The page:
Horsemen without horses raced across an icy lake in the alpine tourist town of St Moritz, warming the snow on the men’s faces on the trails dragged behind.
In February last year, weeks before public events across Switzerland were canceled due to coronavirus, Credit Suisse brought its most precious customers to the White Turf – an equestrian event of more than a century , that the only dangerous “skijoring” race that the Swiss bank had sponsored for decades.
While the seven fearless skijorers risked their lives at the Credit Suisse Grand Prix, he was one of the guests facing the biggest threat to the bank: British steel mogul Sanjeev Gupta.
Today, the vast conglomerate of Gupta GFG Alliance takes off after the collapse of its largest lender Greensill Capital. The metals group is also being investigated by the UK’s Serious Fraud Office. He denies any wrongdoing.
Credit Suisse was known to have indirect exposure to Gupta via Greensill, which packed loans into notes acquired from Swiss bank funds. When Greensill collapsed in March, Credit Suisse was hit by the fact that a large portion of its debt could be bad, including loans to GFG.
What was not known until now, is that Credit Suisse also has a significant direct relationship with Gupta.
A number of former Swiss lender executives have revealed to the Financial Times how their private bankers and their global leadership are courting the metals mogul, offering them a VIP treatment that extends far beyond the journey to St Moritz.
Fleeing a deep relationship with the Indian-born industry, Credit Suisse ignored warnings from concerned corporate customers and their bankers.
The revelation that Credit Suisse has given Gupta everything from a mortgage on a trophy palace to a private public with its then chief executive will further anger its customers who are facing losses of billions of dollars.
Some of these customers are expected to sue Credit Suisse, accusing them of failures in the way they manage funds. And Greensill’s problems come when the bank is embroiled in another risk management scandal over its work with Archegos, the family office collapsed.
“I like the decision to finance entrepreneurs [Gupta] At all costs it was a wrong decision, “said a former senior executive in the bank’s Australian business who cited concerns over lending to Gupta as a reason for his resignation. The banker added:” It was a lot of capital that was going into a highly risky situation. ”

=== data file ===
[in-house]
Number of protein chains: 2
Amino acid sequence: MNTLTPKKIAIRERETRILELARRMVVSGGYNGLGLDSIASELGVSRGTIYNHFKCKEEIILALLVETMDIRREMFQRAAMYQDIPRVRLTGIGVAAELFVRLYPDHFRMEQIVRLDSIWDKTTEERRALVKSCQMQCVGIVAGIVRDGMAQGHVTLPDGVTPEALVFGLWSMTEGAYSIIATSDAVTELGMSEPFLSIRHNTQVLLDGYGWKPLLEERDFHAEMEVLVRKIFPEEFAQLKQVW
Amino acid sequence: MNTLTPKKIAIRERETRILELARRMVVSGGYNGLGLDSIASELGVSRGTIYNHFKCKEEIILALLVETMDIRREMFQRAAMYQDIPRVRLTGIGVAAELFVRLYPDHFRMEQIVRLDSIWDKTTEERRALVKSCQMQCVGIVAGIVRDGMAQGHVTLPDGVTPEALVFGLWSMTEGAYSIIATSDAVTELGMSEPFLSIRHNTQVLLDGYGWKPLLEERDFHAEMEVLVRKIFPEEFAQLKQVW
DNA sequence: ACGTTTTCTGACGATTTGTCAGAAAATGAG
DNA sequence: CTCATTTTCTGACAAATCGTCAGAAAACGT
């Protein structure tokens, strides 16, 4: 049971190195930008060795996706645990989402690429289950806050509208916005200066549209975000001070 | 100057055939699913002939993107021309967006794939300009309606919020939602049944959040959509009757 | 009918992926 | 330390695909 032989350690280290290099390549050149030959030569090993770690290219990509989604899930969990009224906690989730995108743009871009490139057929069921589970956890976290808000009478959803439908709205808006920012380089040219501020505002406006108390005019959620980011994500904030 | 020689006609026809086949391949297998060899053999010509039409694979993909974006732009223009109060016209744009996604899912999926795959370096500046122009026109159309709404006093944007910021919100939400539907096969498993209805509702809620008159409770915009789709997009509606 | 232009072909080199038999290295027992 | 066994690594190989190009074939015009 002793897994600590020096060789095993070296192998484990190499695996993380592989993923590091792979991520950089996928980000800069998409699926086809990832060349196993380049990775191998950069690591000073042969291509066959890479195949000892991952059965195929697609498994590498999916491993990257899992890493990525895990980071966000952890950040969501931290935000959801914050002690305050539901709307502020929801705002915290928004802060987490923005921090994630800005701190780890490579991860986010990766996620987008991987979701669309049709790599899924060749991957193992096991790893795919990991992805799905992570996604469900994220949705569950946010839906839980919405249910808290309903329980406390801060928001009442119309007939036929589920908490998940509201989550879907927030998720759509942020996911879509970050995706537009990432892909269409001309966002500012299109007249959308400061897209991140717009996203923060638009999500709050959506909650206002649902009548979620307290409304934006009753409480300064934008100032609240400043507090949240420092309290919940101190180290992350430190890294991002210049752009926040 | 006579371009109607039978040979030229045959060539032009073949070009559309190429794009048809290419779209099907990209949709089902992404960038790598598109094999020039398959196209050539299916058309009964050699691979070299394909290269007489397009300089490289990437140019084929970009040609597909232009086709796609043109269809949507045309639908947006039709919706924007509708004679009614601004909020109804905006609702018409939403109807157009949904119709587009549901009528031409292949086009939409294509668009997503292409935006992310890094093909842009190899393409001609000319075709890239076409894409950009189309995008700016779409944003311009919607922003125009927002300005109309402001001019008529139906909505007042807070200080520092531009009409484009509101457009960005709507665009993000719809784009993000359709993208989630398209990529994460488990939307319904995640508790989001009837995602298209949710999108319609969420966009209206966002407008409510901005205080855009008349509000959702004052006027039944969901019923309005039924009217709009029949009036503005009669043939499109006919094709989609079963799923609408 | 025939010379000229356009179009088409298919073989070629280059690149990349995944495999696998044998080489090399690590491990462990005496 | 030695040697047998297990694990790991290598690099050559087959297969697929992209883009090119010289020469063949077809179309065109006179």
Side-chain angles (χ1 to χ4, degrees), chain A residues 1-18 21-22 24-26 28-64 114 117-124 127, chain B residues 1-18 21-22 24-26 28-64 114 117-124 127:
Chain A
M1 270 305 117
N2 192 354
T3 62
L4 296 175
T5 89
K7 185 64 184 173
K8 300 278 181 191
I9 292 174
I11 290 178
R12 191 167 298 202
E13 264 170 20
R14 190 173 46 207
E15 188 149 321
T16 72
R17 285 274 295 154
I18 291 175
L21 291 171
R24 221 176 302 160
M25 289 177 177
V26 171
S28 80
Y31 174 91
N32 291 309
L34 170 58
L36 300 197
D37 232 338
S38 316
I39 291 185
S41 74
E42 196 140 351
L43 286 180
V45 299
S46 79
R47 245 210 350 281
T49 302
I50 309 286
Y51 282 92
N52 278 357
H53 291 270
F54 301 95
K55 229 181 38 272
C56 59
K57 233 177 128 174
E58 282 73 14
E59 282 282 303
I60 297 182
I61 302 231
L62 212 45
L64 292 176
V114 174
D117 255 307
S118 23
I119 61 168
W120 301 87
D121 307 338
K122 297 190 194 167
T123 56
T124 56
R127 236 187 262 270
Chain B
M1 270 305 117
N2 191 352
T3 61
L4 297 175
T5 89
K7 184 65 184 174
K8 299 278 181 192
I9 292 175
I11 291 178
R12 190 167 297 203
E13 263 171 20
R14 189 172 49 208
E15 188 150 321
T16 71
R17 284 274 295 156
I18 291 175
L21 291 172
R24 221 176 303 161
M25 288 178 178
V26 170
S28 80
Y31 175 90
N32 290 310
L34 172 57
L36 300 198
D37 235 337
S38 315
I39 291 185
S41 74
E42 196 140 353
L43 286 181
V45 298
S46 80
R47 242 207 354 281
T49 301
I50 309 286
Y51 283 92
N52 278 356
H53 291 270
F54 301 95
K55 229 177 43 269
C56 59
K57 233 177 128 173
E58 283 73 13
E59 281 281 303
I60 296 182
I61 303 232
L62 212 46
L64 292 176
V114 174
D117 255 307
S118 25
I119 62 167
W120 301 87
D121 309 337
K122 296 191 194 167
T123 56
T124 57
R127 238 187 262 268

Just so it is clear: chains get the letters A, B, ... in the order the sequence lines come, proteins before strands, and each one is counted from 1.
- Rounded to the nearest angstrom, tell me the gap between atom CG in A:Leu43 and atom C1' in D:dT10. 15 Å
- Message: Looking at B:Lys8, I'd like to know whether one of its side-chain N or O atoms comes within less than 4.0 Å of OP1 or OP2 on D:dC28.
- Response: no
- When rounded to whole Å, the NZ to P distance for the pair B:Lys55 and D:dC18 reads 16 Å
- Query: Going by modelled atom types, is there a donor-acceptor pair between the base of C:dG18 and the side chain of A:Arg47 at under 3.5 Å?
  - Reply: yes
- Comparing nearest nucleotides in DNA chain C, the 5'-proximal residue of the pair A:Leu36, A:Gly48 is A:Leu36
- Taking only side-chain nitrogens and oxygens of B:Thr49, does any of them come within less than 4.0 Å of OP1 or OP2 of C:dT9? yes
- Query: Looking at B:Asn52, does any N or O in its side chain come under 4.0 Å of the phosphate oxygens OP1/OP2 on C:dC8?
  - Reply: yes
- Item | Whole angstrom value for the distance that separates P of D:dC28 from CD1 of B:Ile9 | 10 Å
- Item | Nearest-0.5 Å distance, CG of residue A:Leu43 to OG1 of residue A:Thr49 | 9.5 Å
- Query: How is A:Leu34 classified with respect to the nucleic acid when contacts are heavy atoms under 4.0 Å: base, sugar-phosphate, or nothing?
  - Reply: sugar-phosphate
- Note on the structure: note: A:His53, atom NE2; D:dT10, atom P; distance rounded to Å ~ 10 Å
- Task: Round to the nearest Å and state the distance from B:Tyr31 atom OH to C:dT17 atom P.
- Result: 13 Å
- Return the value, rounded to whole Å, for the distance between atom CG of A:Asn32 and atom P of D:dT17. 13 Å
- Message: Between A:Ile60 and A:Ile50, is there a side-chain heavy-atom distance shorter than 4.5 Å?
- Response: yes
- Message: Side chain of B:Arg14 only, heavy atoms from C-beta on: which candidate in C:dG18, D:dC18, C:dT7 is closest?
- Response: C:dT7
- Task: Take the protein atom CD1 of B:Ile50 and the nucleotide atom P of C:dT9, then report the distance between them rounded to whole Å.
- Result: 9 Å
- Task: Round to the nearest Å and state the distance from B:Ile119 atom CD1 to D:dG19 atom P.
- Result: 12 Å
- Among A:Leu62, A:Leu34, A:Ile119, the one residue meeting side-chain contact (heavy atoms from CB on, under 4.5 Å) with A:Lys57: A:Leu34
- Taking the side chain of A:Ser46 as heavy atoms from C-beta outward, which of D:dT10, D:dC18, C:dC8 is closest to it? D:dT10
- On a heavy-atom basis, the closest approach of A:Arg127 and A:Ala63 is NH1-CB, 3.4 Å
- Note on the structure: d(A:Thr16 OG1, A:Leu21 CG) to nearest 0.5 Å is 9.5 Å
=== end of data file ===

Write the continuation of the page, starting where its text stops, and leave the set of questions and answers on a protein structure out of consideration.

Credit Suisse and GFG declined to comment.
Five star treatment
After spending years treating Sanjeev Gupta, Credit Suisse filed for divorce in late March, asking the courts in the UK and Australia to put insolvency into several of its core businesses.
With $ 1.2 billion to be recovered on behalf of furious customers, the Swiss bank has other tools at its disposal. Some of Gupta’s debt facilities from Greensill have benefited from personal guarantees, according to people who know the terms, which could allow creditors to hunt down the so-called “man of steel” himself.
To that end, Credit Suisse recently hired private investigators in Kroll to track Gupta’s assets around the world, according to three people familiar with the matter.
While Gupta has continued to make a half-decade of corporate acquisition spree that has built a metal conglomerate with 35,000 employees, it has also amassed a personal collection of trophy goods. The splashy purchases ranged from a private plane and a helicopter with corresponding vanity tail signs, to a £ 42 million London mansion – owned in the name of his wife.
Credit Suisse won’t need Kroll’s services for intelligence on another of Gupta’s luxury homes: a 19th-century sandstone mansion overlooking Sydney Harbor.
“Credit Suisse provided the mortgage. They were proud of that, “the former executive said.” Going after super-prime mortgages in Australia was a key strategy. “
Helping Gupta buy the house At $ 35m ($ 27m), which he owned through a trust controlled by an Australian stock exchange friend, was only part of the service that Credit Suisse offers as its wealth manager. private.
The Swiss bank also managed the fortune of Lex Greensill, the 44-year-old Australian founder of Greensill Capital, who was a billionaire before his eponymous financial company collapsed.